FIG. 8 shows a possibility as to how a rolling body can be placed in an all-round closed rolling body guide 2. A triplet with three balls 3 is arranged in a rolling body cage 1. The rotation centers D, through which the rolling axis W passes, are supported on the faces 5 of cage 1. In slots 6' in the rolling body guide 2 are provided ball rails 6 on which the balls 3 roll. As discussed in connection with FIG. 1D, use is preferably made of four or multi-edge rails instead of round rails, in order to provide a flat rolling path for the balls. This rolling path need only be sufficiently wide to lead to the "snakelike" path resulting from the overall tolerance and the varying force applications.

The rolling body guide 2 can e.g. be manufactured by continuous casting or extrusion and the rail members can subsequently be drawn in or also cast in the same operation. The rolling element cage with the rolling elements are connected either in flexible or articulated manner if a curved configuration is required, but a rigid connection between two or more rolling bodies can also be used. This system is more suitable for a rigid construction than for a flexible construction.

A longitudinal guidance system with rolling body and rolling body guide constructed according to the indicated process can fulfill functions such as are fulfilled by known, exclusively metallic longitudinal guidance systems with balls or other rolling bodies, when such materials are used. If metal and plastic are used, then longitudinal guidance systems are obtained, which are either inexpensive and/or lightweight or have other appropriate characteristics. If a particular mobility is sought, it can also be achieved with the proposed process and one of the proposed embodiments.

In the embodiment shown here, it is less a function of their intended use than the numerous possibilities provided by this teaching. This also applies to the embodiment of FIG. 8.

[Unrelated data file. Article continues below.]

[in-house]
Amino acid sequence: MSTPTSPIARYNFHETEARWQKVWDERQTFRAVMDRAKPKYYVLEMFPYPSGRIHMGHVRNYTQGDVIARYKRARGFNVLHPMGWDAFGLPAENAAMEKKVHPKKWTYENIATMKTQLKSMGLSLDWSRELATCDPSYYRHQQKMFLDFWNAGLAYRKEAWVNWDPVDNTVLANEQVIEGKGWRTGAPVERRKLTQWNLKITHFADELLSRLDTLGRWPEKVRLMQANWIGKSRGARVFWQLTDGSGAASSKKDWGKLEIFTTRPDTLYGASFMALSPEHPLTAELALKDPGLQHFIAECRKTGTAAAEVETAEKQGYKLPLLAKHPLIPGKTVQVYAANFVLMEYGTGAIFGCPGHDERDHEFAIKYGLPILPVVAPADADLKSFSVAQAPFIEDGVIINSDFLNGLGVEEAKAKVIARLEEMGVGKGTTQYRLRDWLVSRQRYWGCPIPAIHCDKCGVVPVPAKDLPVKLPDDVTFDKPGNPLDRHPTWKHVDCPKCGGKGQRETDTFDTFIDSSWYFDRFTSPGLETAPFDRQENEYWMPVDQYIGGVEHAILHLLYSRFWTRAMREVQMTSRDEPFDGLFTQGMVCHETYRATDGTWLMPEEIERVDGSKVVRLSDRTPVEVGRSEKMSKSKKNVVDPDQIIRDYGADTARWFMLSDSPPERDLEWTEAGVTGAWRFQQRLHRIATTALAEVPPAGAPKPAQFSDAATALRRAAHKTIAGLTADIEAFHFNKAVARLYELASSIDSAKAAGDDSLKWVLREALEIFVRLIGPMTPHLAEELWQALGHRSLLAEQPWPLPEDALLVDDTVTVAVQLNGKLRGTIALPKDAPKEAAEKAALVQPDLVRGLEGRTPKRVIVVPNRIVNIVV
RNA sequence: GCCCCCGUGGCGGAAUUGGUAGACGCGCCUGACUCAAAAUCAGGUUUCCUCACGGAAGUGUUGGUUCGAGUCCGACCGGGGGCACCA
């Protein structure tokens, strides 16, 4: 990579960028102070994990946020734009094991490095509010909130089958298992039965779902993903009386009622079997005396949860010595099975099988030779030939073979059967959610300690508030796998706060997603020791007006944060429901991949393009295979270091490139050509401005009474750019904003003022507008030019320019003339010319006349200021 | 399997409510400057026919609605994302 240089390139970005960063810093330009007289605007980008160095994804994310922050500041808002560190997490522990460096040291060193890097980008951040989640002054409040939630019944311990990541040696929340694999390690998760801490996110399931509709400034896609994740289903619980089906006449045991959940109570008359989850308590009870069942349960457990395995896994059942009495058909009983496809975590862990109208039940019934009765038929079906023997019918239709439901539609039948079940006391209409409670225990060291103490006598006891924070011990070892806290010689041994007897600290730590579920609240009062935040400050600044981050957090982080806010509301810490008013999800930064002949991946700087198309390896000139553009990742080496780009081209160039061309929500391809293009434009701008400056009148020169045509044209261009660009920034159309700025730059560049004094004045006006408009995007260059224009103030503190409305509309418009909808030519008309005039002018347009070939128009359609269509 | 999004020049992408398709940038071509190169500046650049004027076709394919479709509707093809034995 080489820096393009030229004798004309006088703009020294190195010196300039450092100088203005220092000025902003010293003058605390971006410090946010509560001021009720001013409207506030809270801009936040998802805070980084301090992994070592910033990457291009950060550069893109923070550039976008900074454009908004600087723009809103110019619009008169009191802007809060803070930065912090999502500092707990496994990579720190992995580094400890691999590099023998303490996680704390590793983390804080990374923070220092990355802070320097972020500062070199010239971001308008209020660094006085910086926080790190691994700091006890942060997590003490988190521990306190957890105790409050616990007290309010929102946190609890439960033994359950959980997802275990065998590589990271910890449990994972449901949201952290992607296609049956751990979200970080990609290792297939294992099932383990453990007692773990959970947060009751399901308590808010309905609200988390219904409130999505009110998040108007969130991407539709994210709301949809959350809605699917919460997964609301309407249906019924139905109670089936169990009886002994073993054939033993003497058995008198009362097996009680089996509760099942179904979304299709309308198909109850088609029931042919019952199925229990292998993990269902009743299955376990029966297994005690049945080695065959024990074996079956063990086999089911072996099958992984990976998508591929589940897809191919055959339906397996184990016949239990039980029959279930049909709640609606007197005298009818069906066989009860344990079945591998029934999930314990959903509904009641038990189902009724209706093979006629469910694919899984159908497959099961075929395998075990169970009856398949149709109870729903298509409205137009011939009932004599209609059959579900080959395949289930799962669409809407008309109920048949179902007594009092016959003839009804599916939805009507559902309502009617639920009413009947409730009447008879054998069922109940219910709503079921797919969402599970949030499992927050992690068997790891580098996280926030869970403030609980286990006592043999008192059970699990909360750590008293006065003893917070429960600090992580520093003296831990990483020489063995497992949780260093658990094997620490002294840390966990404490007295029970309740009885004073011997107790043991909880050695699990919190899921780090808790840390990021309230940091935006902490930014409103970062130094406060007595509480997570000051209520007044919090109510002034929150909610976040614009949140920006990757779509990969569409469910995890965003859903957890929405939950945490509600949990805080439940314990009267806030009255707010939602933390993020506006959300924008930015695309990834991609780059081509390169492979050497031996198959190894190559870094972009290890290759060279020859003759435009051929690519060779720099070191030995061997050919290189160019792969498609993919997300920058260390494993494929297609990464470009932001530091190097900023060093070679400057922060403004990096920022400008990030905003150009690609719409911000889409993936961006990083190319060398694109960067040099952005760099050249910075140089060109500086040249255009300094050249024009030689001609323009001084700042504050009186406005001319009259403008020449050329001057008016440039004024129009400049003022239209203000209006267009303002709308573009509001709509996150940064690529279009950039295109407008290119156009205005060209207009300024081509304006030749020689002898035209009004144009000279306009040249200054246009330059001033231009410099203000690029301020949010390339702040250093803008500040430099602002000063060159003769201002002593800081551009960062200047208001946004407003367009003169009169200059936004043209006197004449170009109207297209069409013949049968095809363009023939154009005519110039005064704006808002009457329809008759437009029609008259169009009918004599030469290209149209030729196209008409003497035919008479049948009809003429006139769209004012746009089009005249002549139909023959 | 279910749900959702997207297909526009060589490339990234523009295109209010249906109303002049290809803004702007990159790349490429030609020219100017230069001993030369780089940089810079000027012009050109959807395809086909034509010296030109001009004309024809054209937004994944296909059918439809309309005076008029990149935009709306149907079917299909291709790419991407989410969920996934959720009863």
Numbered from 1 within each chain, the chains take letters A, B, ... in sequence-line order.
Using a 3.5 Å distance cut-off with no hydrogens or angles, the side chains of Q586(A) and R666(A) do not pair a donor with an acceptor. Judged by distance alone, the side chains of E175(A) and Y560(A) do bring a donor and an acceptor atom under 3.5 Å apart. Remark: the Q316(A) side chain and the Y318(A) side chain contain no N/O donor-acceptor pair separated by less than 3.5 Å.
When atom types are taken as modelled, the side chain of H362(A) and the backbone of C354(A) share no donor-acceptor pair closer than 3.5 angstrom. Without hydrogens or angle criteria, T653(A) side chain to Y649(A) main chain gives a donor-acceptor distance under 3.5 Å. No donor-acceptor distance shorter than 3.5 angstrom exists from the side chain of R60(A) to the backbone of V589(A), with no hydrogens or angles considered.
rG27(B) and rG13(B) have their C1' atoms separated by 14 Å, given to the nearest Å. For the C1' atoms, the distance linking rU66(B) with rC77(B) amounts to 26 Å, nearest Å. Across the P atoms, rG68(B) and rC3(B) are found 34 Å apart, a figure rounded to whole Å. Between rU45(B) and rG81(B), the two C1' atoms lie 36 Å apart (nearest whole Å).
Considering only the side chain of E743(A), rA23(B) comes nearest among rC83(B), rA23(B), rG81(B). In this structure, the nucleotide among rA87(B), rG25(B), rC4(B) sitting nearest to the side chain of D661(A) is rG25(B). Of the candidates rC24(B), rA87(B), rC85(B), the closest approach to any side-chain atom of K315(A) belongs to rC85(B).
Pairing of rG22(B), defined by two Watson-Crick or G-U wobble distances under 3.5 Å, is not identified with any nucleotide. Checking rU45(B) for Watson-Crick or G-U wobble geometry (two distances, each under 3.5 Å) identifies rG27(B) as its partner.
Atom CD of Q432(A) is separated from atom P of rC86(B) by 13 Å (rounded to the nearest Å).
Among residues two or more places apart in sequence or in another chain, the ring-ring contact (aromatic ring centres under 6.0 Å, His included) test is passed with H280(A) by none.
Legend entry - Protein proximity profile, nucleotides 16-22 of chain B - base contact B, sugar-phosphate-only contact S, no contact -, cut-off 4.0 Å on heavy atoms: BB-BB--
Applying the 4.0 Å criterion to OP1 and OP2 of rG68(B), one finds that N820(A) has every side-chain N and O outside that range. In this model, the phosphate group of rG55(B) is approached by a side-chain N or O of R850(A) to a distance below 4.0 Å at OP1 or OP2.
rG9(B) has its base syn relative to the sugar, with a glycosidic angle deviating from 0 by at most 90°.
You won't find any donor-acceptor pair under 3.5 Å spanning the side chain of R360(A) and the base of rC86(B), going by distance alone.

It is clear that in actual operation one or all the presently discussed force application cases and also mixed forms can alternate in rapid sequence. It can be seen that each force application to the rolling body is always transferred in the direction of the rolling axes of the balls, i.e. partial forces are coupled in to the balls via the rotation centers. The thus loaded ball then rolls via the 22 points of rail member and partner balls. The frictional resistance consists of the rolling friction of 9 and not 12 rolling bearing points and the sliding friction from 2 to 3 rotation center points. As the rolling friction, as explained in connection with FIG. 3B, keeps the triplet in balance in the paper plane and this balance is only briefly eliminated by disturbances in the rolling sequence, e.g. by positive/negative accelerations (impacts, vibrations, accelerations and decelerations), but is then restored again, it is also possible to add an "accidental" sliding frictional resistance to the "calculable" frictional resistance, but this can only be determined empirically and has not proved important during tests.

As shown by FIGS. 2A, 2B and 2C, such triplet rolling bodies can be lined up in random form. A ball cage is not much wider than the diameter of the balls used, so that such a rolling body is relatively small. If a plurality of such rolling bodies is connected by an articulated or elastic connection, a chain rolling very easily in its guide can be obtained which is e.g. very suitable for a chain conveyor. If in the case of a conventional chain conveyor the chain is pushed or drawn through the guide channel, considerable sliding resistances occur, which must be reduced by the use of lubricants. These sliding resistances also constitute a limit for the chian conveyor length. It is clear that in the case of a chain formed from the proposed rolling bodies the use of lubricants is not decisive and a chain sliding in a channel has nowhere near such a low resistance as a chain rolling in its channel.

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Classifications
U.S. Classification384/49
International ClassificationF16C29/04
Cooperative ClassificationF16C29/04
European ClassificationF16C29/04
Legal Events
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May 27, 2003FPAYFee payment
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Jun 24, 1999FPAYFee payment
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Jun 20, 1995FPAYFee payment
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Apr 20, 1990ASAssignment
Owner name: SFT AG SPONTANFORDERTECHNIK, SWITZERLAND
Free format text: ASSIGNMENT OF ASSIGNORS INTEREST.;ASSIGNOR:EBERLE, JURG;REEL/FRAME:005400/0189
Effective date: 19900703